Council attorney Chris Arledge told councilors they have the authority to award the grants because of a clause in the Alabama Constitution that allows for grants that serve the “public good.”
Across the bay, the Fairhope City Council cited “numerous emails and phone calls from concerned business owners who have not yet been allowed to open” to pass a resolution April 30 urging Gov. Ivey to adopt recommendations set forth in a proposal by Lt. Gov. Will Ainsworth’s Small Business Commission Emergency Task Force.
The 157-page report suggested close-contact services like restaurants could reopen immediately, provided employees use personal protective equipment, customers are limited in number and appropriately distanced, appointments are made mandatory, and no one lingers in waiting areas.
“The City Council feels that all businesses can maintain social distancing protocols, while limited to 50 percent capacity in retail businesses,” Council President Jack Burrell wrote the governor in an accompanying letter.
While restaurants have not had to close down completely due to either of Ivey’s COVID-19 health orders, eateries have been forced to offer only take-out, delivery or curbside service to customers. David Rasp, owner of Heroes Sports Bar & Grille and The Royal Scam in Mobile, tried it for about a week before closing up shop completely.
Rasp would have liked for the state to give him some idea when restaurants will be able to start serving indoors again. He said Ivey’s order had few details for owners, except that something might change on May 15.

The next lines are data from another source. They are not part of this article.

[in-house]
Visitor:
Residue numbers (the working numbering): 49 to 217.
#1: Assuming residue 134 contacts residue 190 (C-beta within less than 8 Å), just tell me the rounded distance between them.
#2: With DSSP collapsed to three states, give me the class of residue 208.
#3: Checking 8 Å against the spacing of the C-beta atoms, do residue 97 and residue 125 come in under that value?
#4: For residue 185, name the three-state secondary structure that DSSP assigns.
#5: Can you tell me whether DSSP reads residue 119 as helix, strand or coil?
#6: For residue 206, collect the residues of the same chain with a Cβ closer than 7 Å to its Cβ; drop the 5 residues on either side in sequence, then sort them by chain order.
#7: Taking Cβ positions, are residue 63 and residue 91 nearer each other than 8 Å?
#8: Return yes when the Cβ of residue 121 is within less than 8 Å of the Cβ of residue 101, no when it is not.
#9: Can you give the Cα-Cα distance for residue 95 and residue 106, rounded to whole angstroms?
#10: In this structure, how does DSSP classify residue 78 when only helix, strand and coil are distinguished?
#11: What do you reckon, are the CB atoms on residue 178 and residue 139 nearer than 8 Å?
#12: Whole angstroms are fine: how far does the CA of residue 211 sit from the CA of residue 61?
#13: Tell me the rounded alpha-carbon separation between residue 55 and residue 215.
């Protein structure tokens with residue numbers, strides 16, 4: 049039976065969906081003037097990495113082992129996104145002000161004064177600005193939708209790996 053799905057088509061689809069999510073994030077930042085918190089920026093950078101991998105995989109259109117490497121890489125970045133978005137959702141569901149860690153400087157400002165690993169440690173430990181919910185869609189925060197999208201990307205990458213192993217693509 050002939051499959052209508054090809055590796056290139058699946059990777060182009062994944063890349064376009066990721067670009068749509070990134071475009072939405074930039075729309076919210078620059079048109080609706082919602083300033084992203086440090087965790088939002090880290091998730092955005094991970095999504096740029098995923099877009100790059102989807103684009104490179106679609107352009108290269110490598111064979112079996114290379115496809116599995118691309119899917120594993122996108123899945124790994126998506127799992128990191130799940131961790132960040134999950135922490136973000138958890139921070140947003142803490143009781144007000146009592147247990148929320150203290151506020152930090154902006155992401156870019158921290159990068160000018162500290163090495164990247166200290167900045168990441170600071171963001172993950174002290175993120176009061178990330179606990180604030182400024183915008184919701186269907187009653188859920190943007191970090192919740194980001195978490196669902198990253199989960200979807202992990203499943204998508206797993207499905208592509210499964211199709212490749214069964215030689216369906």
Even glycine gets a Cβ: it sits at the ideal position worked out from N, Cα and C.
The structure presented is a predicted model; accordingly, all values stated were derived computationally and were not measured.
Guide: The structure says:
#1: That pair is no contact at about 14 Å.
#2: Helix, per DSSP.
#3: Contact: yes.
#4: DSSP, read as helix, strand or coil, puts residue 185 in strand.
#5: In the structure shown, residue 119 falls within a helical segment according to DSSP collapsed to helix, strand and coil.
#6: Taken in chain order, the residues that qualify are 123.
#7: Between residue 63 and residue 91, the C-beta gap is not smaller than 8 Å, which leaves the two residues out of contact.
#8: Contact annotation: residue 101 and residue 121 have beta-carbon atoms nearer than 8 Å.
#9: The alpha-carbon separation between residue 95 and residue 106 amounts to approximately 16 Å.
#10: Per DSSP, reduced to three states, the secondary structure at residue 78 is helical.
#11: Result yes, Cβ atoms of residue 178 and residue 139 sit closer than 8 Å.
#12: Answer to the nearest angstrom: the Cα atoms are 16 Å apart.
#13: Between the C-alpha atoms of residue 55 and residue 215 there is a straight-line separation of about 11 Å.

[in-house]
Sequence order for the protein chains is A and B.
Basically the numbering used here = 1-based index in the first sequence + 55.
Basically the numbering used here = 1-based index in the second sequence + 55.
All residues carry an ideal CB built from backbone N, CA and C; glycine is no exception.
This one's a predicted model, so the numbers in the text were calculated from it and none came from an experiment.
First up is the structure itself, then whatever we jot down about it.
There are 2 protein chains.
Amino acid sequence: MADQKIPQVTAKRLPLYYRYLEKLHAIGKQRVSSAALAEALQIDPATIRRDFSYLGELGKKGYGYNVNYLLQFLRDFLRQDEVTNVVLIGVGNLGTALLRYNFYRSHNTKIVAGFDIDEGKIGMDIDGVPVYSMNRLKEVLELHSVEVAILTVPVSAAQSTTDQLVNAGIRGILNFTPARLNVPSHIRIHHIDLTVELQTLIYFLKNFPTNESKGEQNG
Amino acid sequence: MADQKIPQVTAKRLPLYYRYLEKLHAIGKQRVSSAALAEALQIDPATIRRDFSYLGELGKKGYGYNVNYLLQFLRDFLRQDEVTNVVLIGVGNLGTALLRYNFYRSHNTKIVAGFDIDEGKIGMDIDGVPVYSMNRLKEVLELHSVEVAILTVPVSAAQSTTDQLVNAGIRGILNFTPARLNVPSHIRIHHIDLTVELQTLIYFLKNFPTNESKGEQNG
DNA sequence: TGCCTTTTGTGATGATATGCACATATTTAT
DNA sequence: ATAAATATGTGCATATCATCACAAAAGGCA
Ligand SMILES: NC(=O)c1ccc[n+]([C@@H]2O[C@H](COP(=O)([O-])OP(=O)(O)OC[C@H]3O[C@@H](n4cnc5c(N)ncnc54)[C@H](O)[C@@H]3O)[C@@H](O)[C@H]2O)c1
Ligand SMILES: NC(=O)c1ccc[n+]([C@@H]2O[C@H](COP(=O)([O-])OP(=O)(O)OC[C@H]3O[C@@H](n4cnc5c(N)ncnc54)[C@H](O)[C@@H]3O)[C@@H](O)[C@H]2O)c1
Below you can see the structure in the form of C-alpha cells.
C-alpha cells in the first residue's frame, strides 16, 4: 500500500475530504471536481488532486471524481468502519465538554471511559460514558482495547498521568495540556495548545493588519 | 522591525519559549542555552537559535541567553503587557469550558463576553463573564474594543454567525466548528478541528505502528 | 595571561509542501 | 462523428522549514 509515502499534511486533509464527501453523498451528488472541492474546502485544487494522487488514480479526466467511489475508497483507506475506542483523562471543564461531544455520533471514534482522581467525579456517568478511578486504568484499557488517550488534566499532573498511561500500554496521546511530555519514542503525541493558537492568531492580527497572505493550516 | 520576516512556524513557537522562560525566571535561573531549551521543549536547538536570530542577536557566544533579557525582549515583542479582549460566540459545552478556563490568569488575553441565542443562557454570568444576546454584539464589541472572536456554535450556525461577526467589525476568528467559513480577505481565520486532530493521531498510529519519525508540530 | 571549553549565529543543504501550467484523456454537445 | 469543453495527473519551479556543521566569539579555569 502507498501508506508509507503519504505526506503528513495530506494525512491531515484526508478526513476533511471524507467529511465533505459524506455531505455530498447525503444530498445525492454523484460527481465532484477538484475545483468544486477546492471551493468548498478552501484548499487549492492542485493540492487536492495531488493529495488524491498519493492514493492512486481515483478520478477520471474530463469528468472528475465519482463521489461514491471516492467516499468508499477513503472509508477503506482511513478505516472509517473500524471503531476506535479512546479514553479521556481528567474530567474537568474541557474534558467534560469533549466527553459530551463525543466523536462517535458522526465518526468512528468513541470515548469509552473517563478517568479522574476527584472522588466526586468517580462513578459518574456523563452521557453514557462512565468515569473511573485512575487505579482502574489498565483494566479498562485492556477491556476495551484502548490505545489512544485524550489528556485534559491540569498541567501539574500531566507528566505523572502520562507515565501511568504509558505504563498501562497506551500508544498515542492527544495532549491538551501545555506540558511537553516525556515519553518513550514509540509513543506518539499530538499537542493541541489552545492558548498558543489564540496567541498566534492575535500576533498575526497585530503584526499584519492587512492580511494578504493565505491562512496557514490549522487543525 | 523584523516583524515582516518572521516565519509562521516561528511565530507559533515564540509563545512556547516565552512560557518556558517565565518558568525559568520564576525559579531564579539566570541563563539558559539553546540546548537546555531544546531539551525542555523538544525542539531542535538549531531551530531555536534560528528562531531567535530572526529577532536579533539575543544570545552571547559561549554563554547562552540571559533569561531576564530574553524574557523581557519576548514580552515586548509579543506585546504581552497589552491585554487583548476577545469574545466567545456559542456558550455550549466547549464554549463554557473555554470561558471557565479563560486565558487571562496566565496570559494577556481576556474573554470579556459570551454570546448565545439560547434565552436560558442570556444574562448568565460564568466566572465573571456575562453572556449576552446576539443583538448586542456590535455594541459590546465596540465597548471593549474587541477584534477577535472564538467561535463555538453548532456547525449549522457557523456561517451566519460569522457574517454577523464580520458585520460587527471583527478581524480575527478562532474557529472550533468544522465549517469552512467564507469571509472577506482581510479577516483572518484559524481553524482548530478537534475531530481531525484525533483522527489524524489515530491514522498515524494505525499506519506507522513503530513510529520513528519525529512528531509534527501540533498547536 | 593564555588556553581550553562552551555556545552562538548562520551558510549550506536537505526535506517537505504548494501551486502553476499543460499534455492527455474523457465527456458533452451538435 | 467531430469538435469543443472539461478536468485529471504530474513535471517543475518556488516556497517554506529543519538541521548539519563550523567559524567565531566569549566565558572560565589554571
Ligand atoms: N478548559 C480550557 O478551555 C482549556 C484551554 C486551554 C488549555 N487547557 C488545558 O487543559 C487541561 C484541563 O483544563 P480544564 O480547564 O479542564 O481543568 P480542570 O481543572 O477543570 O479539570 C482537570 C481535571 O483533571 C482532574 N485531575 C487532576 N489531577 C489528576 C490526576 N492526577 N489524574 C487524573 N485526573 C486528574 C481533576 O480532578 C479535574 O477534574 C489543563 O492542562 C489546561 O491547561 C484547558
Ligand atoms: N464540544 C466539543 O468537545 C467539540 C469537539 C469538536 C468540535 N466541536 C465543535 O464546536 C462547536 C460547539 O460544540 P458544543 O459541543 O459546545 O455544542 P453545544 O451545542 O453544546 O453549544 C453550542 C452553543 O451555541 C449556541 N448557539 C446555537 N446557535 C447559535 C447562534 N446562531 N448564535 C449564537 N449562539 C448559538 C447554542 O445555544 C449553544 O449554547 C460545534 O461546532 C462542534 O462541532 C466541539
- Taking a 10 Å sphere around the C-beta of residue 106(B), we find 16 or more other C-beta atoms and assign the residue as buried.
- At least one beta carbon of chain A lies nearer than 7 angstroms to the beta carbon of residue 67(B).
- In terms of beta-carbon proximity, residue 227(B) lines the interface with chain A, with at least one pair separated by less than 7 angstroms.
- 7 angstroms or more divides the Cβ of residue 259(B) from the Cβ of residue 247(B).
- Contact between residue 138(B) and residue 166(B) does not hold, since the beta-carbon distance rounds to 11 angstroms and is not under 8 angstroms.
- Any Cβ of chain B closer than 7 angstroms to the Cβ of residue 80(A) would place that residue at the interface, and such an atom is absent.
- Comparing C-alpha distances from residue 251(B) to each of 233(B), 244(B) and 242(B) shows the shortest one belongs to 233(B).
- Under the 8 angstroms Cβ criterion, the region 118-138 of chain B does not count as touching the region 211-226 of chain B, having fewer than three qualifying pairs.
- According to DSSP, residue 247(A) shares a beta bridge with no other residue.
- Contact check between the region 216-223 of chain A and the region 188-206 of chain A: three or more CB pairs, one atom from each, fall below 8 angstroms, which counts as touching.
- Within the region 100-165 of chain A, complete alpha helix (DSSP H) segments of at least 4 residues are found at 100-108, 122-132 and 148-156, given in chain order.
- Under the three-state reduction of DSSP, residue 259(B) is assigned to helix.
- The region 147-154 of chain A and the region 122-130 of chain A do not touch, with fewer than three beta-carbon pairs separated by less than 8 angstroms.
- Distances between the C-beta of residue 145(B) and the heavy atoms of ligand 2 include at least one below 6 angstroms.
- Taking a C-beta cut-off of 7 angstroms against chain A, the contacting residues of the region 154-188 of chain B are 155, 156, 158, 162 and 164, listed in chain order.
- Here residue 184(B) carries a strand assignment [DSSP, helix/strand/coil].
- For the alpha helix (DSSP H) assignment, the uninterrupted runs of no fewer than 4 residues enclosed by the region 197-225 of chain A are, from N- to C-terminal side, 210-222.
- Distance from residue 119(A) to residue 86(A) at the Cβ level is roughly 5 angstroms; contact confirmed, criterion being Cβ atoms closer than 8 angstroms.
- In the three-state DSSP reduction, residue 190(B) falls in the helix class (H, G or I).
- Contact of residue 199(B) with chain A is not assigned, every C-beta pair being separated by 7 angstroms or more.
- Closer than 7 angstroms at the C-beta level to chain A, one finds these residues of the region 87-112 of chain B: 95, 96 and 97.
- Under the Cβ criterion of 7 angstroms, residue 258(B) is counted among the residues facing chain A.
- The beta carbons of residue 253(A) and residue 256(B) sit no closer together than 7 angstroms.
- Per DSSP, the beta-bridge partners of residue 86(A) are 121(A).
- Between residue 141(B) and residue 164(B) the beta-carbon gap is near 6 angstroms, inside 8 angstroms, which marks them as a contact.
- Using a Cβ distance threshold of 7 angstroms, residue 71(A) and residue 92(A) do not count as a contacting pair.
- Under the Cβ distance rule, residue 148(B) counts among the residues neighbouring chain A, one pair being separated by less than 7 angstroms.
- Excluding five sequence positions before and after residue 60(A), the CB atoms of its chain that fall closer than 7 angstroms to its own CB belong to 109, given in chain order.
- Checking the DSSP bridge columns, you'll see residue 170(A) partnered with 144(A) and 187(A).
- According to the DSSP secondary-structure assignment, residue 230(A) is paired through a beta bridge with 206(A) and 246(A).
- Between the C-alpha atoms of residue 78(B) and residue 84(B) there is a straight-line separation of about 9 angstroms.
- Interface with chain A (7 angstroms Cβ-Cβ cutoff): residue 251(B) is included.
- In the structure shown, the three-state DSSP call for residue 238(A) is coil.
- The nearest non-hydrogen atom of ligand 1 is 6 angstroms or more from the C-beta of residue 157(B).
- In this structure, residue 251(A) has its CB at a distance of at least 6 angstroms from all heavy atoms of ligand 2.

“The frustration lies with me personally, and with others, that it was vague and there was no criteria established,” he said. “Any path forward would’ve been huge now.”
Rasp also noted that restaurants are highly regulated on the basis of safety and yet those establishments will be some of the last to fully reopen.
Frankie Little, owner of Roosters in downtown Mobile, said he thinks it’s necessary to take “baby steps” when discussing reopening back up during the pandemic.
“We don’t want to have a resurgence of this,” he said. “I’d rather rip the Band-Aid off and do it right.”
However, unlike Rasp, Little has reopened Roosters for take-out and delivery. Little also received PPP funds from the SBA. Little said for restaurants, especially those unable to receive federal funds, the orders are a “kick in the teeth.”
Marshall Barstow, owner of Mama’s on Dauphin, said Ivey’s orders have left restaurant owners feeling like they’re not playing on the same field as others. For instance, Barstow said fast-food restaurants offer drive-thru service, but many do not practice social distancing. Whereas a week before in-house dining was shut down, Barstow said Mama’s switched to all plastic plates and cutlery to help slow the spread of COVID-19.
In general, Barstow is concerned about what will happen to the economy whenever everything does open up and those who are still operating can fully reopen.
“What’s going to be left for those still around?” he asked. “At some point the medicine is worse than the disease.”
Gabriel Tynes contributed to this report.